We deal with difficult people on a regular basis…that co-worker who never speaks to you, the church member who never has anything nice to say, or that neighbor who complains about everything and everyone on your block. We can try not to interact with these people (as much as possible) to not be pulled into their drama. But…what if the difficult person is your life is someone very close you, someone you just can’t avoid? Are you living with a difficult spouse or child? What about a close friend? These are people you just don’t want to write off, but it seems to be getting more and more difficult to deal with them. I’m experiencing this right now, so let me share with you how I’m trying to deal…
The first thing to recognize about this difficult person is that he or she is wounded. Negative things happen to all of us (divorce, job loss, rejection, failure, etc.), but sometimes those negative experiences have a negative effect on a person long after the experience has ended. They haven’t dealt with the hurt or disappointment that came as a result of the past situation, and it’s festering in their minds and souls. Maybe they were in a previous abusive relationship, and now they don’t trust you in the current relationship. Or maybe they grew up being blamed for everything and now they become very defensive when someone tries to constructively help them. Knowing what the person has been through helps you to put their behavior in context. It does NOT excuse their behavior (let me be clear on that), but at least you can understand where the behavior may be coming from. And knowing their past experiences may help you be more compassionate toward that person.
Then, you should pray for that person. Prayer will soften your heart toward him or her and help you not become bitter and resentful (the last thing you need is two angry and bitter people trying to be in relationship with one another). Ask God to heal that person’s brokenness, ask God to help them see how their behavior affects others, and ask God to give you a forgiving spirit as you interact with that person. Trust that God can transform anyone. According to 2 Corinthians 3:18, “And we all, who with unveiled faces contemplate the Lord’s glory, are being transformed into his image with ever-increasing glory, which comes from the Lord, who is the Spirit.” Pray that God will transform that person to reflect more of God’s image, and in the process, He will also transform you to reflect more of God’s image.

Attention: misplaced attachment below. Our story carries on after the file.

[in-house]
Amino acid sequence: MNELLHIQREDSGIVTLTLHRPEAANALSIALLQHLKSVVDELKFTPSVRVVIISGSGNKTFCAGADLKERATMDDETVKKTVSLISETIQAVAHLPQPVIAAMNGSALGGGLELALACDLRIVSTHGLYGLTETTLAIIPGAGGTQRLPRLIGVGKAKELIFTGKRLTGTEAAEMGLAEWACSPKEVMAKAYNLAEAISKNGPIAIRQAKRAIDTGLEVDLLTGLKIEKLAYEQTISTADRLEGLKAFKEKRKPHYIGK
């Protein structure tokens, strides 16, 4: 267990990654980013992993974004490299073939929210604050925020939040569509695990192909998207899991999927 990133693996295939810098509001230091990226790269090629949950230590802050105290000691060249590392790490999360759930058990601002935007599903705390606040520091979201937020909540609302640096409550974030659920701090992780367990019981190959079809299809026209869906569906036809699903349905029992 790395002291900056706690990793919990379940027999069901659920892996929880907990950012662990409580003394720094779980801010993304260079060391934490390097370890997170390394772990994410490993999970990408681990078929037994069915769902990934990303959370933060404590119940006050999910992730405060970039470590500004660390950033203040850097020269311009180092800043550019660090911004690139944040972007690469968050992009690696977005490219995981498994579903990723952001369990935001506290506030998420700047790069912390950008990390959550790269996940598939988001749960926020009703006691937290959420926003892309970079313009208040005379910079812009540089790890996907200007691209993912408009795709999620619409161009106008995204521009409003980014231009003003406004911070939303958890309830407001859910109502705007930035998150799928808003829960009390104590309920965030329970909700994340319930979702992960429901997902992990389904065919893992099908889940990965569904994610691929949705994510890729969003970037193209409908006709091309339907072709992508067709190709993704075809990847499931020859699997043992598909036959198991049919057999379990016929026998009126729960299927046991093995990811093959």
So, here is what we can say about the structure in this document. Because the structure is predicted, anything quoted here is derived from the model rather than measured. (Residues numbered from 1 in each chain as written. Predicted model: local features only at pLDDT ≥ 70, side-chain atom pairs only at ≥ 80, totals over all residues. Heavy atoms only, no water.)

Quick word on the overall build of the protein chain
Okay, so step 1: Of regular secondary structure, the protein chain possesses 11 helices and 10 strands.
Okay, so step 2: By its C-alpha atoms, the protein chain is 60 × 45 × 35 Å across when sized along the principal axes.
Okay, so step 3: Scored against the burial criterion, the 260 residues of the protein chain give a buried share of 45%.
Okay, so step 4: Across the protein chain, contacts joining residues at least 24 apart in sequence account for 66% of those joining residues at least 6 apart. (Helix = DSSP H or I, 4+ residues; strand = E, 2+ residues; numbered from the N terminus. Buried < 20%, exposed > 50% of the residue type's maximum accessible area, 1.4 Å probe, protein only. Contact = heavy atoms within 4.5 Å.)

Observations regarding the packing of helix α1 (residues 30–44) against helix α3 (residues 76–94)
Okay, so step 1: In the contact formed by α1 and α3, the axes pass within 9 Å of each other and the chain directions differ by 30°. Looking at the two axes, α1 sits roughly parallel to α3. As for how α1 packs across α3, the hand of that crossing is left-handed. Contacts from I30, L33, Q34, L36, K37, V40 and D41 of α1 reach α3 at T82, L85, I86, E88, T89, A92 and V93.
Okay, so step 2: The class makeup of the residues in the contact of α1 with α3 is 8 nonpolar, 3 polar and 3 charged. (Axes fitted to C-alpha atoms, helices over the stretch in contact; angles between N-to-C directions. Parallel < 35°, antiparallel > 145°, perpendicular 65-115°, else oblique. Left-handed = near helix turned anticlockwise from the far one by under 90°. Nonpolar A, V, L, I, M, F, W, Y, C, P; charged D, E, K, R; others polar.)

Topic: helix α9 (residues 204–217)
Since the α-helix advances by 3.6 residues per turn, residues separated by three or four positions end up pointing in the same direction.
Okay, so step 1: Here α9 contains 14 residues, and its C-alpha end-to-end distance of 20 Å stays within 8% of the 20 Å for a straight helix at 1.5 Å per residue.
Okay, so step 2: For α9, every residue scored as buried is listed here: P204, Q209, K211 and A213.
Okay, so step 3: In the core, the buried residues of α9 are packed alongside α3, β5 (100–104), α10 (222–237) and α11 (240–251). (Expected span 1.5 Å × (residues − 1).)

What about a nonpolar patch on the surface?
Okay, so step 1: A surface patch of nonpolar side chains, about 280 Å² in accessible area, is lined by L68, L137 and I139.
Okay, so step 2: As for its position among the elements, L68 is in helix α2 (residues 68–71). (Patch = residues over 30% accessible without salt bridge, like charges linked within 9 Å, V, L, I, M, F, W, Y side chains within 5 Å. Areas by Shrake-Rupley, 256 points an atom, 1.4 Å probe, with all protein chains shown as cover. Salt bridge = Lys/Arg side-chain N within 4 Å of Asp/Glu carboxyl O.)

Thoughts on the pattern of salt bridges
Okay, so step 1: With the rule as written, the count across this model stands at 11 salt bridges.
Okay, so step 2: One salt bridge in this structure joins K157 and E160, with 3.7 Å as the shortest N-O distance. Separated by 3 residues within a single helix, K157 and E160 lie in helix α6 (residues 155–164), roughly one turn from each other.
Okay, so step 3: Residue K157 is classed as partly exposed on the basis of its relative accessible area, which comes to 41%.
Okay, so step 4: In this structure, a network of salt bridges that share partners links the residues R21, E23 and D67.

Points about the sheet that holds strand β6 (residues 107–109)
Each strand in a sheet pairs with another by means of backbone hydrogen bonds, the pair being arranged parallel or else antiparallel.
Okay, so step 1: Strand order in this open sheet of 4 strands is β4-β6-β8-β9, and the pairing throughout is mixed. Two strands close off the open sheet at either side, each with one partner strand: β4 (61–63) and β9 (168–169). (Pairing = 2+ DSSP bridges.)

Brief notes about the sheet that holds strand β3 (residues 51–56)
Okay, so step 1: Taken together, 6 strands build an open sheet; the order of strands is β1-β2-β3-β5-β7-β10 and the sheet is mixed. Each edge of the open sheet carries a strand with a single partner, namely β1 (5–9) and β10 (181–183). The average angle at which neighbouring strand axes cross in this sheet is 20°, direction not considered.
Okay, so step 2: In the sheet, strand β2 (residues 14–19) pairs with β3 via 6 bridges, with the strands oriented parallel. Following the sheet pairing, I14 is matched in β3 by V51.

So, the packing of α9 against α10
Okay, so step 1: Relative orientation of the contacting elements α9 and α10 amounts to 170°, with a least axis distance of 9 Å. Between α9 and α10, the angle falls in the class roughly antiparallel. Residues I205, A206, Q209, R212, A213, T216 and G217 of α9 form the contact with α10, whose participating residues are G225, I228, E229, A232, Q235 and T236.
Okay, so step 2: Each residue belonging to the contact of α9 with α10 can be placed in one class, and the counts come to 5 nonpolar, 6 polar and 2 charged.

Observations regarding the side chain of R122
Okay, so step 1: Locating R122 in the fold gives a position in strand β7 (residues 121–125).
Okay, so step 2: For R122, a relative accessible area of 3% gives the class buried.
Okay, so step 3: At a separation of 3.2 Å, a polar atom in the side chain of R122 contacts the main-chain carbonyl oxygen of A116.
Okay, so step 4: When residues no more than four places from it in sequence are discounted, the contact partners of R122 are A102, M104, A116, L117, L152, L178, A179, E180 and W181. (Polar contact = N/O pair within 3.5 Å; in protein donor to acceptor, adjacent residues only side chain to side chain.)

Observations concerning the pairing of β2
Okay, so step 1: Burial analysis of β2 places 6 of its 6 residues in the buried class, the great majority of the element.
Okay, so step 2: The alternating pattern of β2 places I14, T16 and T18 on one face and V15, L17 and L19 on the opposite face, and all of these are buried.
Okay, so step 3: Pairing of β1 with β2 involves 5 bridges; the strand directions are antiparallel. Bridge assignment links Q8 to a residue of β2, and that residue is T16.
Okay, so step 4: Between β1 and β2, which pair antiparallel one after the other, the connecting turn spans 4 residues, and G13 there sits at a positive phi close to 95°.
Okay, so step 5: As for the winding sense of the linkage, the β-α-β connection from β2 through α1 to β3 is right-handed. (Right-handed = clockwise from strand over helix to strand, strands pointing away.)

Scripture commands to do this: “If it be possible, as much as lieth in you, live peaceably with all men.” (Romans 12:18, KJV) Try your best to do your part to live peaceably with the difficult person in your life. It’s not always easy, but when they lash out at you, try not to lash back (did I say that it’s not easy??) This doesn’t mean be a doormat, but there is a time and place to address the situation with the difficult person (and the best time is probably not in the middle of a confrontation). Ask God to give you wisdom to know when to address the issue and the words to say (with the right emotional temperament).
I pray this encourages you, as it reminds me what I need to do in my own situation. I would love to hear your comments, so please feel free to share your thoughts.